Libya peace talks set for early January: UN envoy

#LibyaCrisis

The United Nations has urged rival militias to end the deadly violence gripping Libya, and called for a unity government to be formed

The UN estimates that hundreds of people have been killed in Libya militia violence (AA)
MEE and agencies's picture
Last update: 
Friday 13 February 2015 7:30 UTC
Shares:
25
Topics: 

A new round of peace talks aiming to end the fighting in Libya will be held on 5 January after the country's warring factions have appeared to agree on a path forward, United Nations diplomats said.

Chad's envoy to the UN, Mahamat Zene Cherif, whose country holds the Council's rotating presidency this month, said on Tuesday that the roadmap contained three points.

He did not outline details, but said one element was "a national unity government which would be composed of representatives from the two camps".

A lawmaker in Libya's Tobruk-based parliament also said that UN Envoy to Libya Bernardino Leon had called for forming a coalition government and holding a second round of peace negotiations outside Libya.

"Leon arrived in Tobruk on Monday where he met with parliament speaker Aguilah Saleh and the rest of the assembly's leadership," MP Tarek al-Garoushi told Anadolu news agency.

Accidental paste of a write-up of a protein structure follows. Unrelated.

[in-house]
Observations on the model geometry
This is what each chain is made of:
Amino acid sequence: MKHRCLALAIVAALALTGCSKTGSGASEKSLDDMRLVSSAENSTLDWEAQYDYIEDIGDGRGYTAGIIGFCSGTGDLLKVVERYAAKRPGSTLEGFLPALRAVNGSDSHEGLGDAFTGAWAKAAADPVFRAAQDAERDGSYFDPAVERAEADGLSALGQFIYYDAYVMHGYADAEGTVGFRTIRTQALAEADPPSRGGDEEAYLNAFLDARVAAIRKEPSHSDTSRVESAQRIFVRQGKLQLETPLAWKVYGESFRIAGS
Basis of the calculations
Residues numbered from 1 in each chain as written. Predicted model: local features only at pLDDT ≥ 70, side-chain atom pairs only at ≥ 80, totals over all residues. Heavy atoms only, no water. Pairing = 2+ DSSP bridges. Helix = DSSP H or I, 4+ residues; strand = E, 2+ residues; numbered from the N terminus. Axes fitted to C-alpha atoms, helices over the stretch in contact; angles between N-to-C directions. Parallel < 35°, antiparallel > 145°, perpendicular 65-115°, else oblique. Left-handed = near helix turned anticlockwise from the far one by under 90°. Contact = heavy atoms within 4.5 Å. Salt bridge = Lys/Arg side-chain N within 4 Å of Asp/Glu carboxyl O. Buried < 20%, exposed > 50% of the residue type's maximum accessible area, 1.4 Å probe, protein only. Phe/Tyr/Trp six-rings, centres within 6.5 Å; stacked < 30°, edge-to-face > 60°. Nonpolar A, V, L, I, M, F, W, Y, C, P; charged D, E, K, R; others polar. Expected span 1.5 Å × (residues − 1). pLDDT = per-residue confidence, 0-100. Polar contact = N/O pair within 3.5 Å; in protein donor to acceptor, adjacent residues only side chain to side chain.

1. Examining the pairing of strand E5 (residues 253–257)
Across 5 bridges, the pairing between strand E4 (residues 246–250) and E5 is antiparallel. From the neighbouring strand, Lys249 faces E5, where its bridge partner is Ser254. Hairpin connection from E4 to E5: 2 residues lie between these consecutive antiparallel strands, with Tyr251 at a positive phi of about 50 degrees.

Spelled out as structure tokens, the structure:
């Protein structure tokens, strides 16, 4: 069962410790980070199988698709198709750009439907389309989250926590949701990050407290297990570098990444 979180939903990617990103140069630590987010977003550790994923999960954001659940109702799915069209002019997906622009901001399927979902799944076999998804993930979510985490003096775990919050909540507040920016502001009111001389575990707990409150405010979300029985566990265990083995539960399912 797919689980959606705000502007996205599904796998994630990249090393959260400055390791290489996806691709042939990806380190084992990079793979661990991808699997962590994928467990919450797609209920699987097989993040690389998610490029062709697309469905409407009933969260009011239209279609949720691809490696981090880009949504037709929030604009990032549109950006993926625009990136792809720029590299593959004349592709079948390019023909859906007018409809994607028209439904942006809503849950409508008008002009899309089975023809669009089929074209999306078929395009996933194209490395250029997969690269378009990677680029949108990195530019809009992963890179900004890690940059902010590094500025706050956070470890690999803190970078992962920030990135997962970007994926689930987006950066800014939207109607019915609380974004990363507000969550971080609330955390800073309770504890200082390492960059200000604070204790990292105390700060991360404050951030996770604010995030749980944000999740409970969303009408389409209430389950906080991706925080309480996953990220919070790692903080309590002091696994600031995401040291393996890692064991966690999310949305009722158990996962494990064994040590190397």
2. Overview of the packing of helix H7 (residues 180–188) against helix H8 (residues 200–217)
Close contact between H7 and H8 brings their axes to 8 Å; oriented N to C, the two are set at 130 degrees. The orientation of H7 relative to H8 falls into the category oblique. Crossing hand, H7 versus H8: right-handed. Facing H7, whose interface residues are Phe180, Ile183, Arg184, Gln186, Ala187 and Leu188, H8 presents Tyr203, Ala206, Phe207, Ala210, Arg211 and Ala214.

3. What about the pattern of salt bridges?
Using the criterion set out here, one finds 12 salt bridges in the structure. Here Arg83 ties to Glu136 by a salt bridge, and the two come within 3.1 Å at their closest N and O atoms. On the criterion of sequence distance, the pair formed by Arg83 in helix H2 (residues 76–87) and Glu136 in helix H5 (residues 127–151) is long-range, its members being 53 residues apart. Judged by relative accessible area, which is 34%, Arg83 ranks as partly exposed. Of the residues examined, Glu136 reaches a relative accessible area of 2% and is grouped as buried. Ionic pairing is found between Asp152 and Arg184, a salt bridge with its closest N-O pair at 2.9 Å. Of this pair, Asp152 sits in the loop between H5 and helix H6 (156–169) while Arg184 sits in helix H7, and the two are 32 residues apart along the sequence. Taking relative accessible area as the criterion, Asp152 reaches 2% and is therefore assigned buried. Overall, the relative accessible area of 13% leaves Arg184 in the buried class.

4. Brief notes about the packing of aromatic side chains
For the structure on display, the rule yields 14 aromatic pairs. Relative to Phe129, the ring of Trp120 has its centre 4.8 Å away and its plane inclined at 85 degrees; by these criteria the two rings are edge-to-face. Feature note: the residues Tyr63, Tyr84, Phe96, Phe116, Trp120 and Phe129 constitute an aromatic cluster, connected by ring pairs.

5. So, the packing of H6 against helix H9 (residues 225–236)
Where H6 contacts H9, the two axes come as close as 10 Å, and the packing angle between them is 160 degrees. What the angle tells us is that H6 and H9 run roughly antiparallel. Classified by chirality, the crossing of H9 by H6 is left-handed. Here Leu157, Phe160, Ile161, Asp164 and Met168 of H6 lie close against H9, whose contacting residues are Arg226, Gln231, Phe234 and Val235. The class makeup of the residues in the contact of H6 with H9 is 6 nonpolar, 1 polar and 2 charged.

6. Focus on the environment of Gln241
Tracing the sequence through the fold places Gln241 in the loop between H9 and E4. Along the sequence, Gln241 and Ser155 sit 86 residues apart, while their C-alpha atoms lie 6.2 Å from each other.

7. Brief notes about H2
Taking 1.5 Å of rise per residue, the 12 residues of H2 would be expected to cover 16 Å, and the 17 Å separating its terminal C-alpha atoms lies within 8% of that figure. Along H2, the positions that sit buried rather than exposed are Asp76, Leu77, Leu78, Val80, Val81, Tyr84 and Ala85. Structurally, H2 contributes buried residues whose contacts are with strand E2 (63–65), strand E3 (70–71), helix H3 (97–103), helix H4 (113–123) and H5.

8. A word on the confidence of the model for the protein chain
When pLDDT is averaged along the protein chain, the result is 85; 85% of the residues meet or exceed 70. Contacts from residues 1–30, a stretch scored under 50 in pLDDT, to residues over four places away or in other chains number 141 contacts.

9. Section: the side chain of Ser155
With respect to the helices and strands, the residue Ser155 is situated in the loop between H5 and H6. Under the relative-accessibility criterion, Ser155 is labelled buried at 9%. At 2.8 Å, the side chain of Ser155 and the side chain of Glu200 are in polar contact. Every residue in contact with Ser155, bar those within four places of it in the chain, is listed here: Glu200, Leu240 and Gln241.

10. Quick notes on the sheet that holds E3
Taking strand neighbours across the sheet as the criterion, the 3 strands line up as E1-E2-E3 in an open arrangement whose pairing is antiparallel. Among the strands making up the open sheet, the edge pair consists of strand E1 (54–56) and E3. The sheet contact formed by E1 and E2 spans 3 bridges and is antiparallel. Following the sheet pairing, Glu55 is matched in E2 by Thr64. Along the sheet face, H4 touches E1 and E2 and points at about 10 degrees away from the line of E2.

"At the meeting, Leon made several suggestions, including the formation of a coalition government that would include the country's warring factions to guarantee a resolution to the crisis," al-Garoushi said.

"Leon also proposed holding a second round of negotiations outside Libya," he added, since the parties to the conflict cannot agree on a local negotiating venue.

Since September, the UN Support Mission in Libya has led efforts to resolve the country's political crisis.

A first round of talks was held in September, but ended with no result. More talks had been planned for this month, but were repeatedly postponed.

In the three years since the 2011 ouster of leader Muammar Qaddafi, rival Libyan militias have been frequently fighting, bringing violence to Libya's main cities, including the capital, Tripoli, and the eastern city of Benghazi.

The sharp divisions have yielded two rival seats of government, each of which has its own institutions.

Two assemblies currently vie for legislative authority: the House of Representatives, which convenes in Tobruk, and the General National Congress, which continues to convene in Tripoli, even though its mandate ended this summer.

Also on Tuesday, the UN Support Mission in Libya said that hundreds of people have been killed - including 450 in Benghazi alone - in the violence, while more than 120,000 have been displaced from the west of the country, and 90,000 others were displaced from Benghazi.

Libya is also facing acute food and medicine shortages, the UN said.

“All those suffering in this violence deserve to live in safety with their rights fully protected," Leon said in a statement. "I appeal to all Libyan political and military leaders to engage, as a matter of urgency, in a genuine political dialogue to take Libya out of the current crisis."